Canning Grape Juice

It's been a busy few months as we've harvested our garden. The tomatoes, potatoes and squash were a bust, perhaps because of a cool spring and early summer. But, we had an abundant crop of raspberries, peaches, and apples. We've canned peaches, made several different batches of fruit leather (which is already gone), and just recently I canned grape juice.

Grape Juice

1. Pick grapes.
2. Prepare quart bottles. I washed mine in the dishwasher on a sani-rinse.
3. Fill basin of steamer approximately 3/4 full of water.
4. Rinse grapes, picking out leaves or debris. Leave grapes on the stems.

5. Place grapes into steamer. Pack, but don't press.
6. Bring water in basin to a boil. Turn down to medium heat.
7. After about 50 minutes, you will be able to fill one or two still-hot quart bottles.
8. Place flats on full bottles and finger-tighten the rings.
9. Check water in basin. Refill if necessary.

10. After an additional 20 to 40 minutes, you should be able to fill approximately three or four more bottles. Place flats and rings.
11. Process in a water bath for 5 minutes (adjust for elevation). The USDA also adds sugar (which is optional) and an additional step of refrigerating, straining and reheating the grape juice before processing in order to reduce tartaric acid. The tartaric acid crystals don't bother me, so I skip this step. I add my own sugar when using the juice.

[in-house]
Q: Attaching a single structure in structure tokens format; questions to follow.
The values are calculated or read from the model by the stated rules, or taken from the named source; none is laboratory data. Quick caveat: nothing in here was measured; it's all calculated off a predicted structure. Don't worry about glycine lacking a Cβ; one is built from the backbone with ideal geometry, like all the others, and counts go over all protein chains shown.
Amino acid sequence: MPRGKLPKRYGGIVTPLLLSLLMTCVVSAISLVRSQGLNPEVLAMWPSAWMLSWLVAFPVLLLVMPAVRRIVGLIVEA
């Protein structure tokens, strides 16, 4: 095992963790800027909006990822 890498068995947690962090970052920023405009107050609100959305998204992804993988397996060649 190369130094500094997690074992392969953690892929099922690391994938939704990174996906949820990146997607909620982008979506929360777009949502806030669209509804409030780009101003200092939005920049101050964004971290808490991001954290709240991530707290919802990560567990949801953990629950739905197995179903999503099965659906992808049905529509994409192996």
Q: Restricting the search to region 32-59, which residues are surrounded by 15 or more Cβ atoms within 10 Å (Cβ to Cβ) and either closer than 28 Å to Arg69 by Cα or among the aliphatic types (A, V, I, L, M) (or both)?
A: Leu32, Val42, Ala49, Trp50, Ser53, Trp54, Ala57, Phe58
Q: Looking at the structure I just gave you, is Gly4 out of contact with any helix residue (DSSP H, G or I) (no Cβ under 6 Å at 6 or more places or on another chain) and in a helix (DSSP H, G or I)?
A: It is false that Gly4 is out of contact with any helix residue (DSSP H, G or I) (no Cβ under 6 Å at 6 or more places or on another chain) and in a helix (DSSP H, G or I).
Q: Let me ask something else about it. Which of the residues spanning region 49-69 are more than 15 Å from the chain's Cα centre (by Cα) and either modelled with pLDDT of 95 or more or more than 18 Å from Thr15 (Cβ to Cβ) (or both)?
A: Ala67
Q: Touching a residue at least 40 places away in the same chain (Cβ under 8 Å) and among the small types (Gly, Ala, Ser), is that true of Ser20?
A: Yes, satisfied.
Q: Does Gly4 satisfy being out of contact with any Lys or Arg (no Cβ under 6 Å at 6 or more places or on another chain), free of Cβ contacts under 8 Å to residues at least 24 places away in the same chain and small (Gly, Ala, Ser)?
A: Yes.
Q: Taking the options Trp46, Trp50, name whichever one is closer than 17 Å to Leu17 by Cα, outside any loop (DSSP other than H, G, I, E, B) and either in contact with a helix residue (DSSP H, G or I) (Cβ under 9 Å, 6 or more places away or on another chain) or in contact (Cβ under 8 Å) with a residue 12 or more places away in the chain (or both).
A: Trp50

Here is a link to official recipes and water bath times: UGA - Grape Juice.

A. If you aren't going to strain the juice, don't stir or push the grapes or you will get a lot of debris in your bottles.
B. After filling my quarts, I did stir the grapes in the pot and then let it cook a little longer. I saved that juice to strain and serve that day. Approximately two total quarts were taken after the grapes were stirred.
C. I had an apple box and a full shopping bag full of concord grapes. It yielded about 20 total quarts.
D. We reconstitute our juice with a little more than a full additional bottle of water and 1/2 to 1 cup of sugar. Each crop of grapes is different. Adjust to your own taste.


Jeannetta said...

Love it! We've been making grape juice for about 20 years now, and the only thing I would say say contrary to your post is to take the grapes off of the stems. It's a bit more work, but the juice is clearer and there is less bitterness, even from grapes that are slightly underripe.

Wendy said...

Thanks Jeannetta - I've always done it this way and didn't know that the stems affected the taste.

Wendy said...
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db said...

After owning several juicer/steamers, I've finally weaned myself off them. As shown here, they take a lot of energy to produce the juice, which is void of important enzymes and other nutrients lost in the heating process. I think a much more efficient method for your consideration would be a small (or large) press. In that way the stems are also not an issue. After pressing out all the juice possible, the leftovers can be run thru a Foley (ricer) and all possible meat from the grapes can be extracted and used for jam, puree, or a grapesauce. Just some input.